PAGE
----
What to expect from Tyler Bozak
Tyler Bozak wanted to sign a long-term deal this offseason. Doug Armstrong is knowingly overpaying him at a shorter term. Here's what you should expect from him.
Overshadowed by the acquisition of new top center Ryan O’Reilly was the July 1st signing of center Tyler Bozak. Bozak will be paid $5 million per year for the next three years, and appears to be penned in as the third line center for the Blues, Robert Thomas pending. Even if the rookie forward climbs up the lineup, it’s hard to see Bozak dropping out of the top 9.
Bozak will play for the Blues until he’s 35, which essentially ensures that he will not be worth $5 million by the end of his contract. However, a cap hit that steep is made more palatable by a relatively short term for someone signed as an Unrestricted Free Agent. This lines-up with Doug Armstrong’s UFA strategies from the past (see: Stastny, Paul). The bottom line is, you have to pay to improve in free agency, and the Blues paid heavily for an asset in Bozak that once filled a position of weakness, but now appears to be one of the deeper areas on the depth chart.
While it’s hard to say what Bozak will be capable of contributing two years down the road, coming in to this season he will be a third line center the likes of which the Blues haven’t had in years. No more Jori Lehtera, no more Vlad Sobotka, and (even though I always have been and always will be an apologist) no more Patrik Berglund.
Let’s take a look at the numbers. Bozak had a pretty solid 2017-18 season on the surface with 43 points from the Leaf’s third line. 30 of these points came at even strength, which would be good for 5th among Blues players last year (Tarasenko, of course, led the team with 41). 22 of his even strength points were primary points, which means that he either scored the goal or had the primary assist, again transferring to 5th among the Blues (and again, Tarasenko led the team with 32).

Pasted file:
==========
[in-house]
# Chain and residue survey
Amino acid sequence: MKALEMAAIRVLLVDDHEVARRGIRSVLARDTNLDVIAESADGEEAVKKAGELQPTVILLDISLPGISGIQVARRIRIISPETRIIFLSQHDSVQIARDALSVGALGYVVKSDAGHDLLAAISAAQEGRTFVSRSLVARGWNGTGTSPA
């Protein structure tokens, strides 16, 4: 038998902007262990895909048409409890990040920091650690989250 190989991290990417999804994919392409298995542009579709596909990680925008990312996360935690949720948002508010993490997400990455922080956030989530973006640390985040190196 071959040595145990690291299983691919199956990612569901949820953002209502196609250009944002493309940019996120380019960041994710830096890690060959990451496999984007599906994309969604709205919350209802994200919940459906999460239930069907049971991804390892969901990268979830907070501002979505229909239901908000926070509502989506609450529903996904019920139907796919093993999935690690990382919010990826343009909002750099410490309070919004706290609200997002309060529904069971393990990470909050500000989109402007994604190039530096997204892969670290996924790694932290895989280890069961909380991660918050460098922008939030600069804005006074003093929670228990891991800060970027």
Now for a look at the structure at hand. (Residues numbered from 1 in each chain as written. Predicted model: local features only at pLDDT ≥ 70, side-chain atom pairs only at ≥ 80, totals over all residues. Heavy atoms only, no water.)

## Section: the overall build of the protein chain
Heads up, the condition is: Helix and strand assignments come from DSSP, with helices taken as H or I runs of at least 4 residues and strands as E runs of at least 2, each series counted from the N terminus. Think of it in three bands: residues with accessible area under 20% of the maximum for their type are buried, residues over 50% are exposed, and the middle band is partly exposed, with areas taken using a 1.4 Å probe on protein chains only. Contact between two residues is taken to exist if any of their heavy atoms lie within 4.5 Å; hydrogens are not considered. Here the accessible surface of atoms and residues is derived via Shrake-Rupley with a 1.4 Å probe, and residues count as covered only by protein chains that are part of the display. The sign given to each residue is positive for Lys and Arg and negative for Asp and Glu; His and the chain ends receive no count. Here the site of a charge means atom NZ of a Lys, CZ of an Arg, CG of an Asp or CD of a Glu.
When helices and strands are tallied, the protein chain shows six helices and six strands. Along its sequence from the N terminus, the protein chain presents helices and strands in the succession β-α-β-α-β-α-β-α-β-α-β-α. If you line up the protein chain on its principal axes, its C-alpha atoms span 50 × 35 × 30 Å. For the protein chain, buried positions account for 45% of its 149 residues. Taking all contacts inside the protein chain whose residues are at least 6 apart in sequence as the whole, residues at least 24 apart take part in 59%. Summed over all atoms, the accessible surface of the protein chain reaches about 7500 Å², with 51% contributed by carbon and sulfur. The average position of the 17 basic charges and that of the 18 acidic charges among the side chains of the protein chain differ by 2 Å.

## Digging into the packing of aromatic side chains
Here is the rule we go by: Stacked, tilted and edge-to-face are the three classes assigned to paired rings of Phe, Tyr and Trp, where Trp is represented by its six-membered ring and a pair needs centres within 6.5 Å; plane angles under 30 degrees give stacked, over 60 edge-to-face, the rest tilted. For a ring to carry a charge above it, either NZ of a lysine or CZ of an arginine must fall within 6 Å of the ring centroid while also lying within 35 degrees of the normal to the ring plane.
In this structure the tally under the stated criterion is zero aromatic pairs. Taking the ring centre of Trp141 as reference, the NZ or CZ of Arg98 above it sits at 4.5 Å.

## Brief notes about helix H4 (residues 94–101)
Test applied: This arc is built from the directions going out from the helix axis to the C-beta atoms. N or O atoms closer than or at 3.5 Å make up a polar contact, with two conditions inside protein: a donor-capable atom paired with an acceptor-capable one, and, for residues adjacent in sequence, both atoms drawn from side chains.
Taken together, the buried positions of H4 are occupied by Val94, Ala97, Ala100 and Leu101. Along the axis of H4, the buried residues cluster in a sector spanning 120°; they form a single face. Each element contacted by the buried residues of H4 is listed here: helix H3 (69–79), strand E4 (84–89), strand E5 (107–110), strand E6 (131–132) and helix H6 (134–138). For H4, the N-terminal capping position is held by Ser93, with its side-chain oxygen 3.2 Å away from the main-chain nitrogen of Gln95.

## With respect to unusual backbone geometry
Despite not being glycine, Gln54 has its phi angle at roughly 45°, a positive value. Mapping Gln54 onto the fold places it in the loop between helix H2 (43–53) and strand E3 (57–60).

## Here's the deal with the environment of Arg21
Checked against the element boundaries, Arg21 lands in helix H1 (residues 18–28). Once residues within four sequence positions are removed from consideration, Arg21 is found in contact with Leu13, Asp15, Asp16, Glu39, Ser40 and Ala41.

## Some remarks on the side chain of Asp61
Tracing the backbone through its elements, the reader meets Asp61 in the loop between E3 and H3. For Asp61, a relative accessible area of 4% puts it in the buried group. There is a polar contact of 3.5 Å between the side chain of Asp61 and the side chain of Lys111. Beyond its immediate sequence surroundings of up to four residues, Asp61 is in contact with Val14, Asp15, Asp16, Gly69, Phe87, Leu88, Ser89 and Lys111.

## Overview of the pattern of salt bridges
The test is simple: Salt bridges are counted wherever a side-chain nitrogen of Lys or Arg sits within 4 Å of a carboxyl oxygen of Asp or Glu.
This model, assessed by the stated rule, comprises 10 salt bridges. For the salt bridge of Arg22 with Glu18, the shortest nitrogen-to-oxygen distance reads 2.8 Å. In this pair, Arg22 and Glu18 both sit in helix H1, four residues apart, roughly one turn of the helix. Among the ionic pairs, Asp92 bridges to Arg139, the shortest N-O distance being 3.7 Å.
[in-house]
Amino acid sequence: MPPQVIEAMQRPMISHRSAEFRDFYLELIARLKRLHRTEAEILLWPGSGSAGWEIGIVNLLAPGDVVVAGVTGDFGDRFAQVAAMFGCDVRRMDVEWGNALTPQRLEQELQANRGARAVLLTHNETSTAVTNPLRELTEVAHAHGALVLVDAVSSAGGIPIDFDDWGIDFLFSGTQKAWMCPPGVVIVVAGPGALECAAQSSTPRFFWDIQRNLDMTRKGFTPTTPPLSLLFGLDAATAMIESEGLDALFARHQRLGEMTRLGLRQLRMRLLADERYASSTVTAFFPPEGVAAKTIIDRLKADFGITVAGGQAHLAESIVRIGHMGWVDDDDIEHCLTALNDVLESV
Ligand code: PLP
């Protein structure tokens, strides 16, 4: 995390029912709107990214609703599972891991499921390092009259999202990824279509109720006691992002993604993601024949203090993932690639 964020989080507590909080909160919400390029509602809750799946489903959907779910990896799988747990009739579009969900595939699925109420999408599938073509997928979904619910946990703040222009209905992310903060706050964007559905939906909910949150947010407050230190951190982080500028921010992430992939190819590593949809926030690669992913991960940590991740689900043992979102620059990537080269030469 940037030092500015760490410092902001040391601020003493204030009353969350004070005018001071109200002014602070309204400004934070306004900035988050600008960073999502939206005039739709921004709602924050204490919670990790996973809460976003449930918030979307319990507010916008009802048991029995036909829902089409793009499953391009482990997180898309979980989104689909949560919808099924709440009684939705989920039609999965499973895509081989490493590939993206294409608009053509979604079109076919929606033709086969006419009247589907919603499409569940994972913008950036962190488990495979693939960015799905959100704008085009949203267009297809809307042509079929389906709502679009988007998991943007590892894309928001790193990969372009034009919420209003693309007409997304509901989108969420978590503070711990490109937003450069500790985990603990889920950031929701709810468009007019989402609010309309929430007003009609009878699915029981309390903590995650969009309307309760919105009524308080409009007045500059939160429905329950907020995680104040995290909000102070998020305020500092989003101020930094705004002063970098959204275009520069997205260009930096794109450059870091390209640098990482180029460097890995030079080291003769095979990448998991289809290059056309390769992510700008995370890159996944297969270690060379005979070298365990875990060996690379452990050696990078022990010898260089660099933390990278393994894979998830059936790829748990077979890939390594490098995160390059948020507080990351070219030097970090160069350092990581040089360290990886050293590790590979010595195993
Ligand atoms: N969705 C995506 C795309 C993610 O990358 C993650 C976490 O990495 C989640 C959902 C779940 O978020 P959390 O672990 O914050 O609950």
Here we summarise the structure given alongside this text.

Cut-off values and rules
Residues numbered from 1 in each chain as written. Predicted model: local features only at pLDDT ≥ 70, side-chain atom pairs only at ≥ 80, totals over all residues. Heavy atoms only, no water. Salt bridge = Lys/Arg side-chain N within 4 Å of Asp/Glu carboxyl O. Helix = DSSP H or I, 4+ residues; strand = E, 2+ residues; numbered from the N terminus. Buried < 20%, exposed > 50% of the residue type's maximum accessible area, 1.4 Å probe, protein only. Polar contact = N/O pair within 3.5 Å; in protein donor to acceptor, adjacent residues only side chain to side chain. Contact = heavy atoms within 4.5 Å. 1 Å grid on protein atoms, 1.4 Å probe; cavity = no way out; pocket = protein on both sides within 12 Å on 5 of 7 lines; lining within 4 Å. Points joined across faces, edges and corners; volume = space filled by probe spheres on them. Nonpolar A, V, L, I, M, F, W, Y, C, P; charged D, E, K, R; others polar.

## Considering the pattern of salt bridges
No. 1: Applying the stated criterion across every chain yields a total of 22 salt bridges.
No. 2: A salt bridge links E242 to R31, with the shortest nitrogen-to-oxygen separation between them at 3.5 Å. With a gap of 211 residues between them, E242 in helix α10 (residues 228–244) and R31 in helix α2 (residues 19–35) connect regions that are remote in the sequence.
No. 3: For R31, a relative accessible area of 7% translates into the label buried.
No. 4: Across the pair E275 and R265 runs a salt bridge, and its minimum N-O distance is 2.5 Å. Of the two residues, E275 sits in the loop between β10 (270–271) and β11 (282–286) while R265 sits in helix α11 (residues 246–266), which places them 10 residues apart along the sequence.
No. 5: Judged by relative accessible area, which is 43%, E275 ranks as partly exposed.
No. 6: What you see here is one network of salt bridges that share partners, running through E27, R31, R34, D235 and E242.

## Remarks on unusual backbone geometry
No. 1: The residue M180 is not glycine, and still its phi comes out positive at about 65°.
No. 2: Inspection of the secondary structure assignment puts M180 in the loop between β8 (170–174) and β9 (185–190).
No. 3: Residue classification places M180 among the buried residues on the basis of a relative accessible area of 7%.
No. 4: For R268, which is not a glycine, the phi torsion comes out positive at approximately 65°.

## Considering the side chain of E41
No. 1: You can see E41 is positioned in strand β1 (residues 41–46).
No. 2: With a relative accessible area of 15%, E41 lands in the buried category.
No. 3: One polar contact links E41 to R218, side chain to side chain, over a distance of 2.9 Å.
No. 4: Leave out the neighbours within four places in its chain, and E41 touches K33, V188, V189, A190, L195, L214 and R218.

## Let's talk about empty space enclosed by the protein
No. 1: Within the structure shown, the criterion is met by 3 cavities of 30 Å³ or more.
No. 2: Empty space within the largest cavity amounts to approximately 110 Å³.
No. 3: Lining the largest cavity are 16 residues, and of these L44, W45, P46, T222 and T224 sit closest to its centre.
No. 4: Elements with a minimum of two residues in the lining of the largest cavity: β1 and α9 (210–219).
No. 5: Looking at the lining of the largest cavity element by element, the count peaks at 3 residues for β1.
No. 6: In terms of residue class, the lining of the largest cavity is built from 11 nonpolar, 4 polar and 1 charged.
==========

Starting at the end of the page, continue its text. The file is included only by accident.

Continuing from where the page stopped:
Going deeper, the Bozak’s stats continue to impress. He rocks a 52.36% Corsi For % (CF%), which essentially means that when he’s on the ice, 52.36% of total shots taken by either team are taken by his team. If you aren’t familiar with CF% yet, it’s a great stat that is very telling of which players help control play through possession of the puck. Bozak also has a Goals For % (GF%) of 56.25%, which is pretty self-explanatory as the percentage of total goals scored by his team while he’s on the ice.
By their nature, both of these stats tell a good story of what fans would notice watching the game, and they also offer a moderate amount of predictive abilities about future performances. Players with a good CF% one year tend to have good CF%’s most years. However, since these stats are also heavily influenced by the team you’re on, good teams can often mask bad players, and vice versa. A good tool to combat these potentially misleading numbers is looking at Relative CF% or GF%, which takes that player’s number compared to other players on his team. Bozak shines here as well, with a 3.54% Rel CF% (meaning he’s 3.54% higher in CF% than the typical Leaf) and 2.81% Rel GF%, both among the top 5 of his team. Bozak was a good performer on a good team.
One potential red flag about Bozak’s season in Toronto is who he played with. Bozak spent a whopping 82% of his 5v5 time on ice with James van Riemsdyk. For comparison, Blues fans will remember how it appeared that Jaden Schwartz and Brayden Schenn were stapled together last season, but only 69% of Schenn’s 5v5 minutes came with Schwartz. Bozak’s other two most common linemates were Connor Brown (45% of the time) and Mitch Marner (42% of the time). JVR and Marner are both certainly better than anyone Bozak will regularly be playing with in St. Louis, so a viable concern would be whether you could expect the same level of production with a lower quality of linemates. [note: all time on ice data from Micah Blake McCurdy (hockeyviz.com)].
In conclusion, Tyler Bozak will thrive on the Blues, even if his production falls off slightly due to playing with less skilled guys than he did in Toronto. While Bozak has never been the best player on his line going all the way back to the Phil Kessel era in Toronto, he has always shown an ability to produce alongside his wingers and help drive play for them.
He’ll compliment Alex Steen nicely on the third line, and shows an ability to play and produce with star players if he needs to move up the lineup in a way that no third or fourth liner could in recent years.
*All stats from Emmanuel Perry’s amazing site (unless otherwise noted)
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